The Red Cords – Vile Guy


Artist: The Red Cords

Album: Vile Guy

Released: November 2015

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Hailing from Falmouth, The Red Cords label themselves garage punk –I agree with this. I also agree with the press release accompanying the recently released EP, Vile Guy, when it states that the whole thing could be an A-side. There are a couple of really good songs on here, but on second listen, it is just a reminder that maybe it is time people dropped the Ty Segall reference and tried something new.

“Opener Smog” sounds like a cover of a song from Wire’s Pink Flag, but unfortunately it is the first upsetting reminder that in 2016, we still aren’t trying something new and are complacent enough to accept that all bands that sound like other bands are good. It’s super fast and you can’t hear what he is saying, but it sounds good. It doesn’t go anywhere, but at least it sounds good right? That seems to be the whole vibe of Vile Guy. On my first listen, I had to then repeat listening to “Scratch it Off” three times in a row to get to grips with the sound. It’s vibrant in the same way The Reatards were, and has a super catchy chorus, but after three listens I had to accept that I wouldn’t know what they were singing about again – possibly a girl named Cathy?

From there, it went a little downhill for me, but not in that spectacular sense. I kept hoping for more and better, but The Red Cords did not deliver. “Toby Lebrone” and “Workout” sound like direct copies of Epsilons. Super fun sounding with clanging guitars with big solos, but nothing that hasn’t been done before. Nothing that sounded unique to Red Cords. In “Toby Lerone,” the singer screams that he “don’t want you,” which is great, but it just sounded like something to which I had chanted along, covered in sweat, at some garage gig in Brighton in 2013. Instrumental “Workout” didn’t use the lack of vocal to push new boundaries. Two lovely minutes, but I wouldn’t leave the house to go and see it live in a sweaty club in 2016.

“No Place” sounded great – like a more tuneful Mark E Smith on vocals. But, as the singer wailed, “I don’t know what I mean anyway,” I wanted to start an argument with him about how this generation has no place for apathy and not taking action or something. Mark E Smith is much clearer about what he means… if you ignore all the rambling. By the second chorus, it is back to tried and tested Ty Segall formulas– not sure what they want, not sure what they mean, and neither am I by this point. I had high hopes for the EP’s title song “Vile Guy,” especially with its title, and then all of a sudden I am listening to White Fence. I wanted to smack my head and give the band a shake into reality. There is nothing wrong with sounding like White Fence, and again, the song is good, but it is not better than good. Am I too old to appreciate this aimless, hip sound anymore? Is it bad that when they suggest there is “no plan” that the fact it is preceded by a “maybe” worries me? At the tempo change, they add some backing vocals and I want to sing along, but somewhere in the back of my mind I am wondering how Tim Presley feels about launching a wave of reverb across the globe instead.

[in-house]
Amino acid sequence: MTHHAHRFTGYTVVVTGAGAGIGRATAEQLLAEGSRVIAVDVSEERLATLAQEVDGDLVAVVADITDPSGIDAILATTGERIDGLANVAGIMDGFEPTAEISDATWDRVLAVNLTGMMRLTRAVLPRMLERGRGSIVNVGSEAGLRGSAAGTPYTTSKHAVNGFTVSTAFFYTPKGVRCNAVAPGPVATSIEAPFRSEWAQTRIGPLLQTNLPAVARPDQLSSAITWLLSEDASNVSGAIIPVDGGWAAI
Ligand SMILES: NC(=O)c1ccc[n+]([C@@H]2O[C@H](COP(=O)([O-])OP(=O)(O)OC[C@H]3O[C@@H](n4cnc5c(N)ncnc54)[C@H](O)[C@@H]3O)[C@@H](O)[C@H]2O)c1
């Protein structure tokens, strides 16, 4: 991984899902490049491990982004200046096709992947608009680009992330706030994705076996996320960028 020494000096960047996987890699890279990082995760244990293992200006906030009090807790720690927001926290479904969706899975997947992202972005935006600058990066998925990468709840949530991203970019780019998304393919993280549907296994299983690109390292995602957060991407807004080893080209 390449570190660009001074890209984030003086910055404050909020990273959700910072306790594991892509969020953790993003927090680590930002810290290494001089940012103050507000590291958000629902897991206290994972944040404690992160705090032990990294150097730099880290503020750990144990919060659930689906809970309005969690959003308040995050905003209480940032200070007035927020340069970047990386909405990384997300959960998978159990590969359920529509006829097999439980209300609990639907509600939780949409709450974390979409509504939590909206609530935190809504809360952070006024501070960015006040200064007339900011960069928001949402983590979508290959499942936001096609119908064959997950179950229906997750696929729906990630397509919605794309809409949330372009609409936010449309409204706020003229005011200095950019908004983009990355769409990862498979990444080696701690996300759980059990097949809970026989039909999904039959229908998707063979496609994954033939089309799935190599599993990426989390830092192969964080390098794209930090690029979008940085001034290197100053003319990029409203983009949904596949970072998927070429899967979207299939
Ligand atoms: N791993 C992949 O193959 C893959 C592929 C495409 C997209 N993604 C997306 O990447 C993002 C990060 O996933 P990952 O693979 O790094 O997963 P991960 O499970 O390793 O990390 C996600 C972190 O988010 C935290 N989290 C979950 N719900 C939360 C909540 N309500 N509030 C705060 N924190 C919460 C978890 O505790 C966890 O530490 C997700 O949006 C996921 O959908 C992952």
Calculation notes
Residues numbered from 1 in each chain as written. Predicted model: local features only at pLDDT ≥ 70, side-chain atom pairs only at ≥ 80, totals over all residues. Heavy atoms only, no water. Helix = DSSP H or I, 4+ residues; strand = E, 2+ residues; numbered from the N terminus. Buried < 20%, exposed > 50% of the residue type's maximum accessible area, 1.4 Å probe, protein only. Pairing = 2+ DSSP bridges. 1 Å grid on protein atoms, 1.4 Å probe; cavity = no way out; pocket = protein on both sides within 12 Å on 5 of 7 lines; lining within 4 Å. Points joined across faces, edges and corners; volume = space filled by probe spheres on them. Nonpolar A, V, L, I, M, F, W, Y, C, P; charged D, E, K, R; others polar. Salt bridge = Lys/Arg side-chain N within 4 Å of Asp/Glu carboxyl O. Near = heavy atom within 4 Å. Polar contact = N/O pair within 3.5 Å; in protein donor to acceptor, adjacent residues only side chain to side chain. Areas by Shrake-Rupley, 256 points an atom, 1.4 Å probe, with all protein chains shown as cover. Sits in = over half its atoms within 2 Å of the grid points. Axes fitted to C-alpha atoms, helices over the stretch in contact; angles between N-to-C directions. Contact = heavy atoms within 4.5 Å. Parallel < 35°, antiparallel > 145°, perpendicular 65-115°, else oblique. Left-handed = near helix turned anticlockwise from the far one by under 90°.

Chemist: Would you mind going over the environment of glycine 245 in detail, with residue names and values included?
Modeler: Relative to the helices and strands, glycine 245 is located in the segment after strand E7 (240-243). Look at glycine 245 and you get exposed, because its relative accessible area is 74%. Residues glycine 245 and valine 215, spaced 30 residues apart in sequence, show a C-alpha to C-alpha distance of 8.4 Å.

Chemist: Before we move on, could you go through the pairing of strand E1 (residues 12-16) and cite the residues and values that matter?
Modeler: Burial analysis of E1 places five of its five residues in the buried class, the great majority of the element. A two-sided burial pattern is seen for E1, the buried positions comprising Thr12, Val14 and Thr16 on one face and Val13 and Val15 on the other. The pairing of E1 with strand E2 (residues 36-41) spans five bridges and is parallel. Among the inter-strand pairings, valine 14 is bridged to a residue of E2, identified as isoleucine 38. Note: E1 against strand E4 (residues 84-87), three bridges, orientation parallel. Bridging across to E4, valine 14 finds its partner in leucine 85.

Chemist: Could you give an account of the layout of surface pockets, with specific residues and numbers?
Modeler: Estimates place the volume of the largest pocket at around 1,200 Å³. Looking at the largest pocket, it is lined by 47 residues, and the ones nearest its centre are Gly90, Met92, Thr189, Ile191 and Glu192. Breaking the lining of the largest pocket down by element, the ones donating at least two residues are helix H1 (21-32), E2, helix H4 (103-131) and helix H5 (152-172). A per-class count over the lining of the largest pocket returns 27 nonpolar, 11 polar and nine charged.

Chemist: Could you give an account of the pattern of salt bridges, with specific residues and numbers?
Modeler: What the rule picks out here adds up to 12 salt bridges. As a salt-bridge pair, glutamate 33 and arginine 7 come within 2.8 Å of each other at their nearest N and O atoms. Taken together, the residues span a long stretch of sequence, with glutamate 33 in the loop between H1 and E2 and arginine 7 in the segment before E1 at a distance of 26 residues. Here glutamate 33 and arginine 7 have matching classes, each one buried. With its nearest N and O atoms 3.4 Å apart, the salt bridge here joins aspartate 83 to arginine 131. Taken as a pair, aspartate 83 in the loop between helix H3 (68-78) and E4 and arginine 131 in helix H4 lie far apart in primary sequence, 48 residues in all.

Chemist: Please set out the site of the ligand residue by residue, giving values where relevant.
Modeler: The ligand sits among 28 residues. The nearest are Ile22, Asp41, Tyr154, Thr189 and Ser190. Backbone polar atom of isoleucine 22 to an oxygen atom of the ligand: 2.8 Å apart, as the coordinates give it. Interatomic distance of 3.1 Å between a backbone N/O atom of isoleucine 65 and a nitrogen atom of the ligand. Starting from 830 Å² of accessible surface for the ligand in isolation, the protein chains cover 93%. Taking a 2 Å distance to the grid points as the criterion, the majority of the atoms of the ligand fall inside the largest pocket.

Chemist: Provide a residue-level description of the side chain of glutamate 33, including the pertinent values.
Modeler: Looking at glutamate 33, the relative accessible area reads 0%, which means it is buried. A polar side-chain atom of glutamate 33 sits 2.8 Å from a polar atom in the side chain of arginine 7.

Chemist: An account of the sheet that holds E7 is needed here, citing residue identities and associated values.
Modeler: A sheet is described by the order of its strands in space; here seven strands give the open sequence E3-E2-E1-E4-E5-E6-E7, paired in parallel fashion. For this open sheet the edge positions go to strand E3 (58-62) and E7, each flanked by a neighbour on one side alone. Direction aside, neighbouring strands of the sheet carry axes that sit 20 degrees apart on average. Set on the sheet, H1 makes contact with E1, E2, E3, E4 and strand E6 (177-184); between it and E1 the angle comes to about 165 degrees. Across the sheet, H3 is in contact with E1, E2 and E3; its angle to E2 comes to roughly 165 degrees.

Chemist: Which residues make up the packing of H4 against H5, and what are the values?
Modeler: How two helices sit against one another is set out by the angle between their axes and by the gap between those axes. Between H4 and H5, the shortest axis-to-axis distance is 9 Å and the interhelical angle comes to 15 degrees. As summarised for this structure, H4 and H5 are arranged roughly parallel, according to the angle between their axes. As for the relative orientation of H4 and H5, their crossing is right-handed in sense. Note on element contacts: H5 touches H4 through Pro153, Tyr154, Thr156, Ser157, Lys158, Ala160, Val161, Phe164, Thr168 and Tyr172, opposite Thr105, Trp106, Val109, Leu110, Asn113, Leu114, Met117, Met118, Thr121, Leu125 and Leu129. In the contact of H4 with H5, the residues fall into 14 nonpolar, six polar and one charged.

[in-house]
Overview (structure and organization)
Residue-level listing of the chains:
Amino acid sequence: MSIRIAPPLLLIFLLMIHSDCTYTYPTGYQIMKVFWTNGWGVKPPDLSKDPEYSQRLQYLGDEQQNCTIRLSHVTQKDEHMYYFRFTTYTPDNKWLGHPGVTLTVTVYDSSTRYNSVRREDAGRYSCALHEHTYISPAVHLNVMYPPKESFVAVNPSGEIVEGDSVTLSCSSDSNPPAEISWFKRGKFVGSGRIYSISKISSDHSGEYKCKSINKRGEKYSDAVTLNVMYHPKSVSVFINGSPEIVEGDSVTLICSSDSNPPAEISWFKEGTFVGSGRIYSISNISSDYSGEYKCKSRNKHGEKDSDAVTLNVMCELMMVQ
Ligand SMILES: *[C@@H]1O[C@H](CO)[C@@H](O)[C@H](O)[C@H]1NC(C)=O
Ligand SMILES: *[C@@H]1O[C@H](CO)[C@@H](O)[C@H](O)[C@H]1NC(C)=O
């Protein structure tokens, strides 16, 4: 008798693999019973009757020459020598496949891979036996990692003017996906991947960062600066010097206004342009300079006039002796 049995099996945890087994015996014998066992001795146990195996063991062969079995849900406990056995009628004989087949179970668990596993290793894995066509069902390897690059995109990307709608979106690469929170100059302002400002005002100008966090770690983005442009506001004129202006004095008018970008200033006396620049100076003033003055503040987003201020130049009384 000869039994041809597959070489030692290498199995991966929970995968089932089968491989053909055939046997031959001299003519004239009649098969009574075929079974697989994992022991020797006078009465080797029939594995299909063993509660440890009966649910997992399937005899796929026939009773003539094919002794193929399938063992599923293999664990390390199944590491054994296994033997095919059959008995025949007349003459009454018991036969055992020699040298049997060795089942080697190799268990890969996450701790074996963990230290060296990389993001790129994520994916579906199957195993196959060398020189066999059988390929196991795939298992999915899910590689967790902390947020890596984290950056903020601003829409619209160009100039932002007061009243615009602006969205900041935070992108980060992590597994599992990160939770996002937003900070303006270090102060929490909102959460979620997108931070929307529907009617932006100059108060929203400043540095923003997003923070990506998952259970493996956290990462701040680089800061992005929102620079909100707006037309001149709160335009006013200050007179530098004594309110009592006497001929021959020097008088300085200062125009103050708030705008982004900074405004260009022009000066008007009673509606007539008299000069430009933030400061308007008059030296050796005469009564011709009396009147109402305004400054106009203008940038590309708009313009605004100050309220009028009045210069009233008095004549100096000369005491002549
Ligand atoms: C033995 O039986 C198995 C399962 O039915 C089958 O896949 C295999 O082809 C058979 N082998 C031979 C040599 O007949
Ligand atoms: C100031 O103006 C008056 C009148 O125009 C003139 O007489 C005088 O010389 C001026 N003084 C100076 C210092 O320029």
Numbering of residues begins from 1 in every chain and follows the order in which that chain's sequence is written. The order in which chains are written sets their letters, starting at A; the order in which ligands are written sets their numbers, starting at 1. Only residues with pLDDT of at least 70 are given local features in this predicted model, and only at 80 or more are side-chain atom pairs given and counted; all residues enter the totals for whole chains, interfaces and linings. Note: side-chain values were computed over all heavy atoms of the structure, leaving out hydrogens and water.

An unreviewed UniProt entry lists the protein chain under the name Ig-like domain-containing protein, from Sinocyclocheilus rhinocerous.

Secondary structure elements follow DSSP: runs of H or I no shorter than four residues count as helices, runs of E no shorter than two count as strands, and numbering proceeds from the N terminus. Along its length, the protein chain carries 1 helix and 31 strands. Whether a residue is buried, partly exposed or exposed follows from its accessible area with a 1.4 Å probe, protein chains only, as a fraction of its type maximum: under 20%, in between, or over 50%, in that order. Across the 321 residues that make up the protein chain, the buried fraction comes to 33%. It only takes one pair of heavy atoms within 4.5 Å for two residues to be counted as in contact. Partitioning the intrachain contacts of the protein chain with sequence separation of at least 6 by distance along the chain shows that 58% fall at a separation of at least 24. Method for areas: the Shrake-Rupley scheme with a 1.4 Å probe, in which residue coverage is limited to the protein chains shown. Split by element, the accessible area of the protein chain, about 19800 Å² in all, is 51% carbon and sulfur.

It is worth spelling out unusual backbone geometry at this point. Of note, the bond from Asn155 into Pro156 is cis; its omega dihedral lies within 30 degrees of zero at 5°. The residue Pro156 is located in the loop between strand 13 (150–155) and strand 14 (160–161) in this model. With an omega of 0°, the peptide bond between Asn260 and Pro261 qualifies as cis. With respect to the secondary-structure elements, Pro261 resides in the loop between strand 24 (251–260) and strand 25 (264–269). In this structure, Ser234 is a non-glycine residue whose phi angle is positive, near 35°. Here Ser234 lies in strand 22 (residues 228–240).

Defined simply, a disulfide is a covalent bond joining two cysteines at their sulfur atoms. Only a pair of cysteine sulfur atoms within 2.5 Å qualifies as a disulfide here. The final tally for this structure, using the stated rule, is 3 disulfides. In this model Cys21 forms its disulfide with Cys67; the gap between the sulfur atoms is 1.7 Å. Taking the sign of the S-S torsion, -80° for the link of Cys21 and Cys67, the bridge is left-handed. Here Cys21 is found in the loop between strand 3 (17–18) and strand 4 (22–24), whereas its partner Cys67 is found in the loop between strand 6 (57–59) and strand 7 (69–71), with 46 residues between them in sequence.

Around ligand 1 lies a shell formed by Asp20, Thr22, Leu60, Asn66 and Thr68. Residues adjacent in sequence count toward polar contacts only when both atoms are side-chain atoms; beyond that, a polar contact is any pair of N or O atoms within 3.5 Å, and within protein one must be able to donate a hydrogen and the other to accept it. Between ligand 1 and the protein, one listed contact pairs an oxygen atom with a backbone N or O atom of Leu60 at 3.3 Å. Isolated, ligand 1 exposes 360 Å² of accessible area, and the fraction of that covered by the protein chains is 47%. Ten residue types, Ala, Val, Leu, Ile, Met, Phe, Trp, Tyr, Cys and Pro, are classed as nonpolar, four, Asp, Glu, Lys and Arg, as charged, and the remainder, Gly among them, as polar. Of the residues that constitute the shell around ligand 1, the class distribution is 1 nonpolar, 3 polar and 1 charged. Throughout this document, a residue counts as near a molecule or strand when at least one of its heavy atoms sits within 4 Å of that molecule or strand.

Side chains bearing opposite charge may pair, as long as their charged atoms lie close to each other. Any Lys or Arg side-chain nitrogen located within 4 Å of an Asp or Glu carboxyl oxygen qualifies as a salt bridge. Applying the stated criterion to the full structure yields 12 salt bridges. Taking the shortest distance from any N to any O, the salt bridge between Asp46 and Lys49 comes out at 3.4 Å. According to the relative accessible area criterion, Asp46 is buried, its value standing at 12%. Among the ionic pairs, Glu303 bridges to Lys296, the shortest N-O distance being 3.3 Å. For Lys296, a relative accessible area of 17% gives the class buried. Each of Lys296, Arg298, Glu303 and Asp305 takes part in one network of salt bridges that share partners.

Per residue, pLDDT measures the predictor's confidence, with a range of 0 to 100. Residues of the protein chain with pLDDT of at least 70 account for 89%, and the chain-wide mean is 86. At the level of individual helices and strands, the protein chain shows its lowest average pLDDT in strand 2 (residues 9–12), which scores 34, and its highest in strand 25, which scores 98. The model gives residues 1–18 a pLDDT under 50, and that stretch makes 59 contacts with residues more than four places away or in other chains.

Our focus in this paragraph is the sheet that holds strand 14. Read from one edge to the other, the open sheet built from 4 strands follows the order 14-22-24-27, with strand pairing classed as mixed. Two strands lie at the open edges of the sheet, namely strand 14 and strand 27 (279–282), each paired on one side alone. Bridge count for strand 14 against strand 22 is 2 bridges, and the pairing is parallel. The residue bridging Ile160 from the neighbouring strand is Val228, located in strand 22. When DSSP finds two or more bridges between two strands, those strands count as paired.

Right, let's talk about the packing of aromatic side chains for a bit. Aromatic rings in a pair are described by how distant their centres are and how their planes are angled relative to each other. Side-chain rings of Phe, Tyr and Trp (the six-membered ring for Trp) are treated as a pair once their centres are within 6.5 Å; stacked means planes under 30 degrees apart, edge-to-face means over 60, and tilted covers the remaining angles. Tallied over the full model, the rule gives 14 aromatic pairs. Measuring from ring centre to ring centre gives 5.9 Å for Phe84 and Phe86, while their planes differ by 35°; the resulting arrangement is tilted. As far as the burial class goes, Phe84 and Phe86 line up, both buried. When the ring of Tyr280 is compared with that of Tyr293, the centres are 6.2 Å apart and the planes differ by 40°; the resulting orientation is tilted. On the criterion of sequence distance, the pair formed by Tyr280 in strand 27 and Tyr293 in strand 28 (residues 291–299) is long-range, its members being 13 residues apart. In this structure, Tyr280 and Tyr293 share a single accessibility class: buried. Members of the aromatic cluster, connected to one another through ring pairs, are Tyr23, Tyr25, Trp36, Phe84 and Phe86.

The EP isn’t bad and it is certainly not terrible, but it just sounds like something I’ve heard a million times before. I doubt with songs that barely last two minutes they are looking to be the next voice of a generation, but I also doubt that when they started that they had high hopes to sound exactly like their idols. There is nothing particularly new or smart to The Red Cords. They play good songs, they play them well, and they obviously have a vision of where they want to be musically and as a band. They have the image, they have that youthful “I don’t know what is happening –ever, and I don’t know what I am doing – ever” thing going on, and in my late twenties, maybe that just doesn’t speak to me anymore. A lot of up and coming bands seem to just want to use the tried and tested formula of Ty Segall and his gang, but it means that there are very little innovative and exciting bands around. It’s all well and good to say that a band is that – “good”, but if they aren’t “great,” and if they aren’t speaking to this generation (one which I personally see to be extremely forward thinking, active and vocal), then what else is there left to music? Only aesthetics and faint buzz of a Thee Oh Sees splatter vinyl playing in the background.


By Frieda Strachan